The Gist: Our data reveal an interesting correlation between body weight, health, and positive economic outlook. We found that people who don’t consider themselves to be overweight and people who consider themselves to be very healthy also tend to be better money managers.
While collecting insights for our Summertime eBook, I noticed something interesting. The number of people who say that they don’t consider themselves overweight and who have a positive economic outlook are up from last year. I couldn’t help but wonder if there was a correlation here.
After a bit of digging, I found that a correlation between economic outlook and feelings about body weight, and overall health, can’t be ruled out.
The Correlation Between Body Weight, Health, and Economic Outlook
As you can see, those who answered that they are very concerned about the economy and jobs are more likely to say that they consider themselves overweight.
We see a similar trend if we flip the results.
Those who consider themselves overweight are 15% more likely to be very concerned about the economy, while those who don’t consider themselves overweight are 30% more likely to not be concerned about the economy at all.
If we look at another question through the lens of personal health rather than feelings about body weight, we find that people who expect the economy to get better over the next 6 months are also more likely to consider themselves very healthy.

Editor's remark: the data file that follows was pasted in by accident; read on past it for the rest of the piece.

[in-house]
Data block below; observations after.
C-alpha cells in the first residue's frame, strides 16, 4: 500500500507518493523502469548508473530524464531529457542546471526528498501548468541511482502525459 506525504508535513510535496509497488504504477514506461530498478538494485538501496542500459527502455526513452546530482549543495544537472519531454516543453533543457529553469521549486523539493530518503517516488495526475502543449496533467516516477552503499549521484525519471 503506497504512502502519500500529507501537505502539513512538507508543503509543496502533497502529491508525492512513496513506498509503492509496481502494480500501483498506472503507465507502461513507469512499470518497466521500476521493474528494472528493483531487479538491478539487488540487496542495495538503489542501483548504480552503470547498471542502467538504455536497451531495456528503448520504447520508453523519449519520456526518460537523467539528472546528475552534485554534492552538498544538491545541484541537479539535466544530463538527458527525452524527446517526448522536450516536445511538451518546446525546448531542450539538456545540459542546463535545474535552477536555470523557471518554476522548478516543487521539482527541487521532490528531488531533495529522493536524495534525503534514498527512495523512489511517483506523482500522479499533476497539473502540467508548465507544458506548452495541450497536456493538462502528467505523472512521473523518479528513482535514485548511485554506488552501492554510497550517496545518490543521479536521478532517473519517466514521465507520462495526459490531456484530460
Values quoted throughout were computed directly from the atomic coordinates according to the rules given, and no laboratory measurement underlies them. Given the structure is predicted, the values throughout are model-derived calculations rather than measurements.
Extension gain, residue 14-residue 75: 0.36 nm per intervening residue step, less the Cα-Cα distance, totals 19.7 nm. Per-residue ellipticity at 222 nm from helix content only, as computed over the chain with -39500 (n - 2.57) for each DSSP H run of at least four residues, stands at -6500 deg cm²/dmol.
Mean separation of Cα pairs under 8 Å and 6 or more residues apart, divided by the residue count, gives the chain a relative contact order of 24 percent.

Are Beta-Endorphins to Blame?
My first thought upon seeing this was that beta-endorphins may have something to do with these results.
Beta-endorphins are substances secreted by the pituitary gland to help the body mask pain and heal from physical trauma. They are widely believed to be the cause of the runner’s high. As Psychology Today explains, “voluntary exercise is also associated with long-term improvements in mental function and is the single best thing one can do to slow the cognitive decline that accompanies normal aging. Exercise has a dramatic antidepressive [sic] effect.”
So, yeah, I thought, people who consider themselves Very healthy are probably gleaning the positive effects of exercising more. In fact, our data does support this notion that people who exercise more are more likely to consider themselves very healthy.
We also found in our eBook that exercise is up this year from last year, just like a positive attitude about the economy, and positive body image.
But I dug deeper and found that people who consider themselves physically healthy are also more likely to consider themselves financially healthy.
So, it turns out that there does seem to be a correlation emerging. The jury’s still out on causation, but we’ll keep an eye on this trend to see how it evolves.
We found a few extra insights we’d like to share on this topic:
People who don’t consider themselves overweight are much more likely to say they manage their money very well, be diligent savers, and be concerned about the environment.
People who consider themselves very healthy are also more likely to say they manage their money very well, be employed, and closely monitor their retirement savings.
People who answered that they expect the economy to get better over the next 6 months are also more likely to consider themselves generally healthy, exercise regularly, buy locally grown food, and volunteer more.